[13:57] John Pidgeon talks about Peter Cook as Sir Arthur Streeb-Greebling recording a series of interviews with Chris Morris from The Day Today called Why Bother? which went out on BBC Radio2.
[16:00] John Pidegon asks about music in comedy. [16:30] NP says that if you emphasise the music too much the joke isn’t there, but if you emphasise the joke the music becomes trite. [17:20] NP talks about the different comedians who play musical instruments, such as Peter Sellers on the ukulele or Norman Wisdom on every instrument. He says there is a peculiar connection.
[17:38] NP talks about doing a Bad News album with EMI, and they stayed in character during the recording. [18:50] NP talks about Steve Martin bringing out an album which had one side of comedy and one side of banjo music, and he says Billy Connolly does a similar thing.
[19:28] NP talks about Hole in my Shoe, and said it was deliberately not funny. He says there’s only about three actual gags in the three minute song [20:32] unlike Benny Hill’s Ernie The Fastest Milkman in the West which was all about the jokes.
[20:40] Bonzo Dog Doo-Dah Band, NP says they cracked the balance between music and comedy, because they were weren’t cracking jokes, they wrote the song around an insane concept. [21:23] NP says Frank Zappa did similar comedic music.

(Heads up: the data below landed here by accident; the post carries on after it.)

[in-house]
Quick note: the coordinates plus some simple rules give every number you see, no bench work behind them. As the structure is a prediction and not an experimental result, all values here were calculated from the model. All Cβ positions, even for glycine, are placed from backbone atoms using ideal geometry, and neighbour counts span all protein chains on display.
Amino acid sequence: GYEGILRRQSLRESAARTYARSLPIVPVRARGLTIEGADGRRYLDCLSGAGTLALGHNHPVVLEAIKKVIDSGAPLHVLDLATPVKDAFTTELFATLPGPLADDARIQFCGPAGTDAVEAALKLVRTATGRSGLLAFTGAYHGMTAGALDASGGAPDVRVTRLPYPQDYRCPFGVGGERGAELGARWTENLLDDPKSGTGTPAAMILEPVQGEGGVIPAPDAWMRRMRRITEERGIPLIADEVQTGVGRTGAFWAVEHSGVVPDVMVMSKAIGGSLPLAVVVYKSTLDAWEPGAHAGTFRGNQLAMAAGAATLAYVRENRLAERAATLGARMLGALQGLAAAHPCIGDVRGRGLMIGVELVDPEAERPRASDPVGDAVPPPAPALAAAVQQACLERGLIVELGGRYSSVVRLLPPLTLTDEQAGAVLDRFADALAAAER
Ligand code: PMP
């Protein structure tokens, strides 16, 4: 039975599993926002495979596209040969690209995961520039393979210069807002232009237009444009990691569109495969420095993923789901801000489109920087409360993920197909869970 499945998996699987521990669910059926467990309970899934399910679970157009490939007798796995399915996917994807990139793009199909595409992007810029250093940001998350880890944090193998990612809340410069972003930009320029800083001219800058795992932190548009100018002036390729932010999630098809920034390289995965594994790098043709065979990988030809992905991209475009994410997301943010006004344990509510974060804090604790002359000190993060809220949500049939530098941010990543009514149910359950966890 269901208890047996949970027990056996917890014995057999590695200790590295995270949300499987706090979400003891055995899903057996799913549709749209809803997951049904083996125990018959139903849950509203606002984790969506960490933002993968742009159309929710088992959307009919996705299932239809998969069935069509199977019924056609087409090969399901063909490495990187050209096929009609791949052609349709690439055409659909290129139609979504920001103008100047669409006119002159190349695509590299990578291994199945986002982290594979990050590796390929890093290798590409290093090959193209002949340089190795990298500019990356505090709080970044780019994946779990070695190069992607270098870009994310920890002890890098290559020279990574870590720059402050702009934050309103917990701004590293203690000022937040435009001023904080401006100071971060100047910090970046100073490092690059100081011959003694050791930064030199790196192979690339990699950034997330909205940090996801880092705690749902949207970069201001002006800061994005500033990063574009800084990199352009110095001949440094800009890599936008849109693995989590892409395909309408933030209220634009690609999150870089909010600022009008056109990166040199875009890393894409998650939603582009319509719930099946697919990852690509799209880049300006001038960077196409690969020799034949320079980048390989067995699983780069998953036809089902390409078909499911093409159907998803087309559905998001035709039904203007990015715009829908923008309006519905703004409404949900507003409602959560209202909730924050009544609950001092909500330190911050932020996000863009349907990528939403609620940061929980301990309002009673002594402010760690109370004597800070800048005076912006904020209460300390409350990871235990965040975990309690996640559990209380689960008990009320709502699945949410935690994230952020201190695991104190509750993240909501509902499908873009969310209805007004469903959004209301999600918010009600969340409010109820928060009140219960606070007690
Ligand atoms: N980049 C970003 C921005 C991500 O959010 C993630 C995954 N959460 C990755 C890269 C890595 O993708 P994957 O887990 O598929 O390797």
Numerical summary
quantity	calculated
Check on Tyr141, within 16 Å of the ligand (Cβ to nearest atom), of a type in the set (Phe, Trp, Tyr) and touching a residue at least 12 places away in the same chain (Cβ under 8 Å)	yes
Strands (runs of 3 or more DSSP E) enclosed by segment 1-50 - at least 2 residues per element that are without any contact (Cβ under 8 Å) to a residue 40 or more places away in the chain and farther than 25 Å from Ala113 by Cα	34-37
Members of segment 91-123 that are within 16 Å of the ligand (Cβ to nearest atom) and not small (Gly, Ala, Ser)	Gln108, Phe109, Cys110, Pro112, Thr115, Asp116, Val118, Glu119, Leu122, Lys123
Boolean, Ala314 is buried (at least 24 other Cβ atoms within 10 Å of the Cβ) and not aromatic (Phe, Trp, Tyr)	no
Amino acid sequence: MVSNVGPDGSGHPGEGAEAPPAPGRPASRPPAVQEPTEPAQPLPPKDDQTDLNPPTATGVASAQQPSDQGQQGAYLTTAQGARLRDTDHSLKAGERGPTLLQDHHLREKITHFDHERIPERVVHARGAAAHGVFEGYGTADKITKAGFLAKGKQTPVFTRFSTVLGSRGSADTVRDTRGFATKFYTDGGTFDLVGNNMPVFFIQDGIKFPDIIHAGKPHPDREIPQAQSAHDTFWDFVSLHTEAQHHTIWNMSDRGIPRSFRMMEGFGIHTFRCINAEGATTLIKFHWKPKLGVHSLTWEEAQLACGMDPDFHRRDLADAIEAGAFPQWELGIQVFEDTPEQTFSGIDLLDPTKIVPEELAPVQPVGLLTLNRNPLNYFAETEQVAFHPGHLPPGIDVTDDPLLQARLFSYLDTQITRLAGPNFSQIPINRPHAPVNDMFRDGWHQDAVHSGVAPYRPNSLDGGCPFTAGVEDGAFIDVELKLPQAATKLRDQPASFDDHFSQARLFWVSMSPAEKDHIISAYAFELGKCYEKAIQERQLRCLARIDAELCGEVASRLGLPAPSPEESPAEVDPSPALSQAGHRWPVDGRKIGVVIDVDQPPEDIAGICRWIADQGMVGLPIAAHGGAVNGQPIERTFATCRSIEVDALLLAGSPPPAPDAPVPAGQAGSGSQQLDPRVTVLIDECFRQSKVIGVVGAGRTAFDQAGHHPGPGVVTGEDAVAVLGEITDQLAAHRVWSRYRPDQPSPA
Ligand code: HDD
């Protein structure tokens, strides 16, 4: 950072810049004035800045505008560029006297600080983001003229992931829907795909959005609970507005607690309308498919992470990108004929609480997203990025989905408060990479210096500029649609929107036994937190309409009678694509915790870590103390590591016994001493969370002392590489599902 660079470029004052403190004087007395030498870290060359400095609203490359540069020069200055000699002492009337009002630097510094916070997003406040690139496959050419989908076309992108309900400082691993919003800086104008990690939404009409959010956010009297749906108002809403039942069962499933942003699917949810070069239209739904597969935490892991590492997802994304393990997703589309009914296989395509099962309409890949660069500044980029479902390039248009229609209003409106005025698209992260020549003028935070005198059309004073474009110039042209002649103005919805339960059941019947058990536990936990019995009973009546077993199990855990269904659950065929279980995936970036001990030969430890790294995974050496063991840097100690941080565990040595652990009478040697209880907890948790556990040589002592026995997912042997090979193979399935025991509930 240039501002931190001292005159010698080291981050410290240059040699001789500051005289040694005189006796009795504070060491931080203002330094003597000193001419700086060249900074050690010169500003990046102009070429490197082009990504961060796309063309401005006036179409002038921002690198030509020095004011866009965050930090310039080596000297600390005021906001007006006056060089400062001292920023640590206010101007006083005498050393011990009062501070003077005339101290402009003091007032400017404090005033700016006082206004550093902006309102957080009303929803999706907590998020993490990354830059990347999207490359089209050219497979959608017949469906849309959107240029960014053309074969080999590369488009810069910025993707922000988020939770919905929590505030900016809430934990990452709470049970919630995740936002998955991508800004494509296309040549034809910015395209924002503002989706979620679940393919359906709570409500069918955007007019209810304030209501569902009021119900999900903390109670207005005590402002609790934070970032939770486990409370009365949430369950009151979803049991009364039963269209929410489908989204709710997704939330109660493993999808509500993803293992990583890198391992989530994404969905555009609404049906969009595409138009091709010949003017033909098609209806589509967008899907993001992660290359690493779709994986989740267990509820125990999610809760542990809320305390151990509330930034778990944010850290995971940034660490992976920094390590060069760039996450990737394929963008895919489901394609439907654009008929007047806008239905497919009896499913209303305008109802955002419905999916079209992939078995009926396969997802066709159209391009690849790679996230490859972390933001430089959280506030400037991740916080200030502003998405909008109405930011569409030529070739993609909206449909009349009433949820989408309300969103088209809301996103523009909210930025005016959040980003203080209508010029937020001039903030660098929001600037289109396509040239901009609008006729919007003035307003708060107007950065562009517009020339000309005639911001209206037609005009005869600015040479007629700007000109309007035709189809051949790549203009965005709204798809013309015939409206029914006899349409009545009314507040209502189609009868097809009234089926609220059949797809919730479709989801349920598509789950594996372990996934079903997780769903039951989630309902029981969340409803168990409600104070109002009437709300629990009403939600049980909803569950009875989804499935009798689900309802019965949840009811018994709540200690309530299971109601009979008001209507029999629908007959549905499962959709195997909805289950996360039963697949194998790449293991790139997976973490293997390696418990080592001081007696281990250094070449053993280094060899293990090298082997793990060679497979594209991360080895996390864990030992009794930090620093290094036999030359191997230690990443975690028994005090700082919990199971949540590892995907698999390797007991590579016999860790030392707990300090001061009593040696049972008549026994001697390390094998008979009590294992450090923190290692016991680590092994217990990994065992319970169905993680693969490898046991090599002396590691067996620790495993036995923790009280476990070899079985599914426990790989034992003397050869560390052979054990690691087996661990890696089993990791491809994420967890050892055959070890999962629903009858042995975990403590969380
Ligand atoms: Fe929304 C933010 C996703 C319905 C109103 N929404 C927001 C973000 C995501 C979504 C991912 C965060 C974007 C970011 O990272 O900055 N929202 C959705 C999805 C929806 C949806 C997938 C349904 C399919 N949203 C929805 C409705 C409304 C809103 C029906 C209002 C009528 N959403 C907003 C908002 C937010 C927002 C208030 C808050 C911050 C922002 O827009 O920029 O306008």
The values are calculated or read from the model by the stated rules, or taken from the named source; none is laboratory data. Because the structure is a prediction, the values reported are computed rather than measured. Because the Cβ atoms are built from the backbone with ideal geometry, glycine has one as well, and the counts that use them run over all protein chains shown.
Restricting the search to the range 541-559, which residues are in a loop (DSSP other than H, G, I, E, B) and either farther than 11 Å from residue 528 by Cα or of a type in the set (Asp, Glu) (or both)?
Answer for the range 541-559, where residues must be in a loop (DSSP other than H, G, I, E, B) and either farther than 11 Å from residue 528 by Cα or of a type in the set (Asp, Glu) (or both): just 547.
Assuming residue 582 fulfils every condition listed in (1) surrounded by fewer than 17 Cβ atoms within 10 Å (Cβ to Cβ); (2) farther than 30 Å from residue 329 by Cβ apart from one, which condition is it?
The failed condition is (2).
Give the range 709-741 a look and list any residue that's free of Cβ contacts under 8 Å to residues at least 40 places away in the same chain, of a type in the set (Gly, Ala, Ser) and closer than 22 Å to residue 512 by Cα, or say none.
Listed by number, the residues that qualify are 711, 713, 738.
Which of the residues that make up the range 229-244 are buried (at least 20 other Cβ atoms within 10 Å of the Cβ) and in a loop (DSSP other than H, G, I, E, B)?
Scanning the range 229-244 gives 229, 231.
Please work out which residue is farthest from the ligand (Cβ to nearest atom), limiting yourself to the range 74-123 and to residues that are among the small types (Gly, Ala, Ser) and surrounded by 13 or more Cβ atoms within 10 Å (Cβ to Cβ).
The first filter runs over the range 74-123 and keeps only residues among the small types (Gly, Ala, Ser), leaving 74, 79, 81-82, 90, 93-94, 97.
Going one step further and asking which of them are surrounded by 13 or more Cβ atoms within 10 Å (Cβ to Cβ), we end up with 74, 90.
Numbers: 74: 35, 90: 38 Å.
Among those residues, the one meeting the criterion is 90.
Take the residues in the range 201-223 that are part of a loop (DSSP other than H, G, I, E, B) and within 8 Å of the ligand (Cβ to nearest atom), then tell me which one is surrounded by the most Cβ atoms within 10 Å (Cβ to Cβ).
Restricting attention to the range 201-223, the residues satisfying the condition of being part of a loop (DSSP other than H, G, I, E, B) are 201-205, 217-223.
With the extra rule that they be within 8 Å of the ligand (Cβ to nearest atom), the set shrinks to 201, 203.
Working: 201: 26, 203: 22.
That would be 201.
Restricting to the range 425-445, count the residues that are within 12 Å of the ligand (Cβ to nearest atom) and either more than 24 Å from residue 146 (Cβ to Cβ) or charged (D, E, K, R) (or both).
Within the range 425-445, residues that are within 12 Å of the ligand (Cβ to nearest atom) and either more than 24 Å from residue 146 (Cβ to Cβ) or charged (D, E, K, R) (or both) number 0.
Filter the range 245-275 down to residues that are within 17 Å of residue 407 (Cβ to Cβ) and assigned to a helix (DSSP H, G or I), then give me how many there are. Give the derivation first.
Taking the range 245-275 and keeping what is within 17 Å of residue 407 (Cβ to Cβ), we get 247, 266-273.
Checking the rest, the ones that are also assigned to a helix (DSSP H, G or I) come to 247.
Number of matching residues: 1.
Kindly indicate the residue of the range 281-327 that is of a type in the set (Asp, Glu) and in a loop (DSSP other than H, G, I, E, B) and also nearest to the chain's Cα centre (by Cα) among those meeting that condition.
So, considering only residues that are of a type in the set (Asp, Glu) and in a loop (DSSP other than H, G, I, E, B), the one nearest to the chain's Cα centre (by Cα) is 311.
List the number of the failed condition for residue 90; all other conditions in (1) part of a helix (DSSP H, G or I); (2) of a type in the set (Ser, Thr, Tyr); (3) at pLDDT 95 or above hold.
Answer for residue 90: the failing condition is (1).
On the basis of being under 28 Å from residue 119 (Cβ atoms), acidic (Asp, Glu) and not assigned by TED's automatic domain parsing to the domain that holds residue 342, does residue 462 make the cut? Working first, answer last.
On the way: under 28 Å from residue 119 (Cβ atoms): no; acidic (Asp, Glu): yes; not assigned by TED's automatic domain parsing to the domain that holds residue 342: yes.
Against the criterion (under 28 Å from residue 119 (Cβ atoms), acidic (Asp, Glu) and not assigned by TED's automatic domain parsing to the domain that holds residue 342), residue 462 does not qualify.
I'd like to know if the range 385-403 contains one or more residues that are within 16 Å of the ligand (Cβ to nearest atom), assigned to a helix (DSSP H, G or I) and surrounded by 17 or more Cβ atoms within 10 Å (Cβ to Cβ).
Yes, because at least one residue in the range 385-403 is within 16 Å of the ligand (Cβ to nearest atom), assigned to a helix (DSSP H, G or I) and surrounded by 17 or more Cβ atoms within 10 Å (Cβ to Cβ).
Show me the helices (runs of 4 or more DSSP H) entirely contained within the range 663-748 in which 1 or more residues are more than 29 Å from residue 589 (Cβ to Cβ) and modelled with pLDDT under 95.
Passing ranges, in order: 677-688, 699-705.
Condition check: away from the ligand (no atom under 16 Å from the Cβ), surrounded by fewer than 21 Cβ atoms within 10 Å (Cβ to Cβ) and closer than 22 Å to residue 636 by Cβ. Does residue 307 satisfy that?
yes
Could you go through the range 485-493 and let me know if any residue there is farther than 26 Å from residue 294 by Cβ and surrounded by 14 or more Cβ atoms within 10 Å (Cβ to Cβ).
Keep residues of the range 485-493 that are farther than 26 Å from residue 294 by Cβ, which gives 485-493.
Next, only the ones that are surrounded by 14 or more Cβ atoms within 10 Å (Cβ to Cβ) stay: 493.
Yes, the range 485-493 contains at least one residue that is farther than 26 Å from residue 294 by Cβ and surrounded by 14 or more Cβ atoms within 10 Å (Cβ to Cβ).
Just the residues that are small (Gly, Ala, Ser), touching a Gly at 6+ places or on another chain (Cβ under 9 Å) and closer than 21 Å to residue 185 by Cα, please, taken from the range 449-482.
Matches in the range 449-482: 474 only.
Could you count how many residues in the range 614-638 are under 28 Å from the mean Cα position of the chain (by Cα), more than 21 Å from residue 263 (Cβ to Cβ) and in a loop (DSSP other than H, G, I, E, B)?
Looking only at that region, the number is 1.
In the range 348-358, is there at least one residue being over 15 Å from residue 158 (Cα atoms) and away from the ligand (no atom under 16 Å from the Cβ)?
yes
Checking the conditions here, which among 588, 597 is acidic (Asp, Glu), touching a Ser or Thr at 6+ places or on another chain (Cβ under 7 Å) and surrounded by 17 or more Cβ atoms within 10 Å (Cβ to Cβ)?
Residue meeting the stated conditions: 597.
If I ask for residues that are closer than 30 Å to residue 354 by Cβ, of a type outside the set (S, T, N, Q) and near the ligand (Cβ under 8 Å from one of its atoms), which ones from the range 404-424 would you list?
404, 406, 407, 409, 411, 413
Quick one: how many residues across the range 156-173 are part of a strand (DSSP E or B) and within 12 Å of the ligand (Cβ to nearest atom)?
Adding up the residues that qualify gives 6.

[21:44] John Pidgeon brings up Woody Allen, who he says similarly grew tired of stand-up comedy because people just wanted to hear his greatest hits rather than new material. [22:28] NP says a greatest hits routine would be easier with a double act. [23:08] NP brings up a similar point about catchphrases, and recalls an old Rik Mayall routine. [24:12] NP says he doesn’t like catchphrases and mentions ITMA [It’s That Man Again].
[25:00] John Pidgeon brings up Mel Brooks and Carl Reiner, The Two-Thousand Year Old Man was an improvised routine. [25:47] NP says there’s something satisfying about interviews in character. After the Young Ones he would do interviews as Neil live, and devised the Nicholas Craig character.
[26:27] NP says that when you do a character you have to “do a Robert DeNiro” and plan out the character’s entire backstory, and said they did this for the mockumentary Bad News, even if these details didn’t come up in the script.
[27:35] NP says there was one example of a mockumentary starring Stephen Fry where he thought it didn’t work, because you never believed it was real. [28:32] NP says Chris Morris and his team on The Day Today and the radio show On The Hour perfected the mockumentary style.
[29:25] NP talks about a scene in Bad News where the director Sandy Johnson addressed the camera angrily, and he says it’s a small moment that’s just enough to make it believable, “structured improvisation” [30:05] NP praises The Day Today team.
[30:30] Cheech & Chong, NP admits to not knowing a lot about Cheech & Chong outside the “Dave’s Not Here” routine.
[32:26] Lenny Bruce. NP was introduced to him through the Dustin Hoffman biopic about Lenny Bruce, and says it was like David Suchet playing Sid Green. The one ingredient missing was the lunacy of his comedy. [33:19] NP mentions a documentary about Lenny Bruce that covers some of the same subject matter as the film. [34:39] NP says Lenny Bruce was an icon for the early alternative comedians, and says that it was Peter Cook who brought him to England. [35:05] NP says there’s an element of James Dean about him.